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The People v. Erik Rangel


June 14, 2012


Trial court: San Mateo County Superior Court Trial judge: Hon. Lisa A. Novak (San Mateo County Super. Ct. No. SC069718)

The opinion of the court was delivered by: Needham, J.


Appellant Erik Rangel pled no contest to aggravated assault and active participation in a criminal street gang, and admitted a great bodily injury allegation in connection with the assault count. (Pen. Code, §§ 245, subd. (a)(1), 186.22, subd. (a), and former § 12022.7, subd. (a).)*fn1 He argues that the charges stemmed from a search of the text messages in his cell phone, the search was unlawful because it was outside the scope of a warrant and his consent, and his motion to suppress under section 1538.5 should have been granted. We conclude that the phone was seized and searched under a valid warrant and that the motion was properly denied, regardless of the scope of his consent.


The district attorney filed an information charging appellant with attempted murder, aggravated assault, battery causing serious bodily injury, and active participation in a criminal street gang, along with various allegations for weapon use and the infliction of great bodily injury. (§§ 664/187, 245, subd. (a)(1), 243, subd. (d), 186.22, subd. (a), and former §§ 12022, subd. (b)(1)*fn2 , 12022.7, subd. (a).) Appellant filed a motion to suppress evidence of text messages found on his cell phone, which was seized when officers executed a search warrant at the house where he lived. (§ 1538.5.)

The following evidence was adduced at the suppression hearing:

A man was beaten and possibly stabbed in a San Mateo park. San Mateo Police Detective Dutto was assigned to lead the investigation of the crime, which was thought to be gang related. Appellant was identified as a suspect, and a magistrate issued a warrant for his arrest and a search warrant for the house where he lived.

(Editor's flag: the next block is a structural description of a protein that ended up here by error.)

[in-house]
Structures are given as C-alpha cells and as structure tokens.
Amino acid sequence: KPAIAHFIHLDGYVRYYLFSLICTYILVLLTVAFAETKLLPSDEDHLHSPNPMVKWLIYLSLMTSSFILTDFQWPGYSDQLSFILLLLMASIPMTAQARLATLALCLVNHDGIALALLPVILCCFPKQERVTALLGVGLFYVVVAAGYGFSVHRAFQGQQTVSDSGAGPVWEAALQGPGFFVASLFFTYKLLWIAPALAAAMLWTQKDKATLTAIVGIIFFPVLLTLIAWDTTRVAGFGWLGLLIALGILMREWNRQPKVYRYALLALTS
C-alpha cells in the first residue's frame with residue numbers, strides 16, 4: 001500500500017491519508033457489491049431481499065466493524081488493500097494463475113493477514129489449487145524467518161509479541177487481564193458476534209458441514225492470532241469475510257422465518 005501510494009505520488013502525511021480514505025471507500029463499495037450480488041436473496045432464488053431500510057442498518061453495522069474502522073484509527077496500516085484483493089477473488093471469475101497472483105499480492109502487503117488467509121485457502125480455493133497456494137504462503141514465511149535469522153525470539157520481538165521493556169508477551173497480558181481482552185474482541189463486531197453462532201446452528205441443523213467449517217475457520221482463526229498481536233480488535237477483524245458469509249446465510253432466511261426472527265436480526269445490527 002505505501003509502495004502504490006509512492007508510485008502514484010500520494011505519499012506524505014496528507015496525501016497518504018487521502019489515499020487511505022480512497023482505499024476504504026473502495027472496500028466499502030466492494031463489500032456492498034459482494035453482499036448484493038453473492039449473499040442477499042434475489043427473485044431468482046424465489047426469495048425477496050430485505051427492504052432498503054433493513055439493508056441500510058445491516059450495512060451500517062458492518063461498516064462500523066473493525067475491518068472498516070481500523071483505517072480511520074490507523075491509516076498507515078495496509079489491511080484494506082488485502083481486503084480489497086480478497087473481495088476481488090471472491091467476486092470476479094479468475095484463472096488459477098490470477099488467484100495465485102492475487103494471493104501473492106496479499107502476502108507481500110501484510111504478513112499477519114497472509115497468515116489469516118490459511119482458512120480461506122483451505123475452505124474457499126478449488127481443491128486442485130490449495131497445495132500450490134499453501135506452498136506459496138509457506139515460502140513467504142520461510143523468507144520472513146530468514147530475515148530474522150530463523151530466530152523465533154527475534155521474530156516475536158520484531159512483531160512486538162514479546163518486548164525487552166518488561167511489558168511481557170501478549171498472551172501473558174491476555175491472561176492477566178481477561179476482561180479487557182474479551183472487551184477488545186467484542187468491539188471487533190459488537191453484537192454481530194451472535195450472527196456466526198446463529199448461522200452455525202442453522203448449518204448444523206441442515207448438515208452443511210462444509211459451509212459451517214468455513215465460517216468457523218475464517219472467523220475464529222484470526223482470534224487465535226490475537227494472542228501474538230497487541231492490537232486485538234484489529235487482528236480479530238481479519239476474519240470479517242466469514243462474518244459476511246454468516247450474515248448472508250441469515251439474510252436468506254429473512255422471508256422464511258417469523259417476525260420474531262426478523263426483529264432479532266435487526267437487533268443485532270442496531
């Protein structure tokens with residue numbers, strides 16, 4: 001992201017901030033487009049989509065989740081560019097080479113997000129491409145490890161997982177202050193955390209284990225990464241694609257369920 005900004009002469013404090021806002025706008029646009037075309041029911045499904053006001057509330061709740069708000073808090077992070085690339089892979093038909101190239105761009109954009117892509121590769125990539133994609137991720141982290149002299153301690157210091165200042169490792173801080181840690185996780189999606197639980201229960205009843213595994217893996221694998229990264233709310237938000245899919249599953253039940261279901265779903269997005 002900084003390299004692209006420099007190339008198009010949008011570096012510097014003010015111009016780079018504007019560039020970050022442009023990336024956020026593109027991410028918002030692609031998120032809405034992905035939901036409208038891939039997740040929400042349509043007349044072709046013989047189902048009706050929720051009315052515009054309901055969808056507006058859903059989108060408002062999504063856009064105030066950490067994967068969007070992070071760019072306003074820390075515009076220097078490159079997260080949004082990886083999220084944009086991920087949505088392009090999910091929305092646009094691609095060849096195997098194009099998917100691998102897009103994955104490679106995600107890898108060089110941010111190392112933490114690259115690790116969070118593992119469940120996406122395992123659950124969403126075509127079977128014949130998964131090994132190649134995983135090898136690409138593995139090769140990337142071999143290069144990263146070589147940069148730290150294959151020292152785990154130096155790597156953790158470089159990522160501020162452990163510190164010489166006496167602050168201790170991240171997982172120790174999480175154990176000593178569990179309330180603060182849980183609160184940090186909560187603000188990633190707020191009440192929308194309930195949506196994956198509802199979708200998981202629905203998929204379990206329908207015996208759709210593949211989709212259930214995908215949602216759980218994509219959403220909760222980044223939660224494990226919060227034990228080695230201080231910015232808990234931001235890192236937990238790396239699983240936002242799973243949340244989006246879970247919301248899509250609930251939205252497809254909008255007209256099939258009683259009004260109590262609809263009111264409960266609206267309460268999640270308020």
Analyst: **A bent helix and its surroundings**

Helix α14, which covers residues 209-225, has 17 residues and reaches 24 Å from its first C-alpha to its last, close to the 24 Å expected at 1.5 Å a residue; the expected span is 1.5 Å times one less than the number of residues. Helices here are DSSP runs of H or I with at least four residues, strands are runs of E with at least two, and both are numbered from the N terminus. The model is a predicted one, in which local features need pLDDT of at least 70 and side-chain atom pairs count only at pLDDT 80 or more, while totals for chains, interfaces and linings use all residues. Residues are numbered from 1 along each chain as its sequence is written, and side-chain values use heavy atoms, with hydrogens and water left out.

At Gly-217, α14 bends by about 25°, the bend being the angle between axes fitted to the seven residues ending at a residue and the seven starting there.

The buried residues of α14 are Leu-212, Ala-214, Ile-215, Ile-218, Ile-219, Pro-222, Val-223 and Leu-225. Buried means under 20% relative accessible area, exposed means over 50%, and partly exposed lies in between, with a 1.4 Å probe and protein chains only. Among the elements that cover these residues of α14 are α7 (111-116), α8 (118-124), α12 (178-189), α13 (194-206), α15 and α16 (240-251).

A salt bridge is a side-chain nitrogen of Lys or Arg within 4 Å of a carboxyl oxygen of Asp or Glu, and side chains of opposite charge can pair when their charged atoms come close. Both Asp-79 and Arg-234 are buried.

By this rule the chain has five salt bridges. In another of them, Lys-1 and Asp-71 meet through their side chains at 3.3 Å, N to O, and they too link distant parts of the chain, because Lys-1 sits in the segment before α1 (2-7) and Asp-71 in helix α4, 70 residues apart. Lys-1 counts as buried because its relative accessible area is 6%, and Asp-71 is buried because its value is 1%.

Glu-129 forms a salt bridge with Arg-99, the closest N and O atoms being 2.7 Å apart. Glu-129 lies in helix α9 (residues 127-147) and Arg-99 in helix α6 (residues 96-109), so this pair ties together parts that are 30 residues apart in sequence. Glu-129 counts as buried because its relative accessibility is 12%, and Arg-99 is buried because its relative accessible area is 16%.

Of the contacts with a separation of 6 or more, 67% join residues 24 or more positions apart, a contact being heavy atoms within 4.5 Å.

The search warrant authorized the seizure of stabbing instruments, items containing stains or traces of human blood, and "Any and all items which would constitute items commonly known as 'Gang Indicia,' such as items and paraphernalia that would tend to demonstrate the subject[']s on-going gang affiliation including but not limited to graffiti, notebooks, photographs, sketches, poetry, and red clothing. . . . Gang related paraphernalia typically retained by gang members can also appear in other forms, including but not limited to, newspapers, artwork, compact disks, audio and videocassette, cameras, undeveloped film, address books, telephone lists, graffiti collections, and magazines."

Police officers executed the search warrant and found appellant in his bedroom. He was arrested and transported to the police station for an interview. The officers searched appellant's bedroom and seized a number of items, including a cell phone that was on his dresser and had been within his reach when they entered the room. The phone was a "smartphone," i.e., a cellular phone "that has the ability to store data, photographs, [and] videos."

Appellant agreed to speak with Detective Dutto after being advised of his rights under Miranda v. Arizona (1966) 384 U.S. 436. When asked for his telephone number, appellant said his cell phone had been disconnected. Appellant told Dutto that he was with his girlfriend Vanessa on the night of the assault, but claimed that he did not know Vanessa's last name. The following exchange ensued: "[Dutto]: Well, here, help me help you. I know you know your girlfriend's last name. If that's who you were with, that's somebody I can call and confirm that. You know what I mean? [¶] [Appellant]: Uh huh. [¶] [Dutto]: So what's her last name? [¶] [Appellant]: I don't know really. [¶] [Dutto]: What's her number? [¶] [Appellant]: Don't have it. [¶] [Dutto]: You don't have your girlfriend's number? [¶] [Appellant]: I have it but in my phone. I don't remember it. [¶] [Dutto]: It's in your phone? So how do you call her if your phone's disconnected? [¶] [Appellant]: From the house. [¶] [Dutto]: You just look it up in your phone? [¶] [Appellant]: Yeah. [¶] [Dutto]: Is it under Nessa in your phone? [¶] [Appellant]: Huh uh. Vanessa. [¶] [Dutto]: Vanessa. Do you give me permission to look in your phone so I can get her phone number? [¶] [Appellant]: There's personal stuff in there. If you want I can call her and tell her. [¶] [Dutto]: It helps more if I can do it. You know what I mean? Then it makes it look, you know, a little more forthcoming. So could I look in your phone to get her phone number to call her to confirm that's where you were? [¶] [Appellant]: Yeah." Appellant did not tell Dutto he could only look in the contacts or directory section of the phone to find Vanessa's number.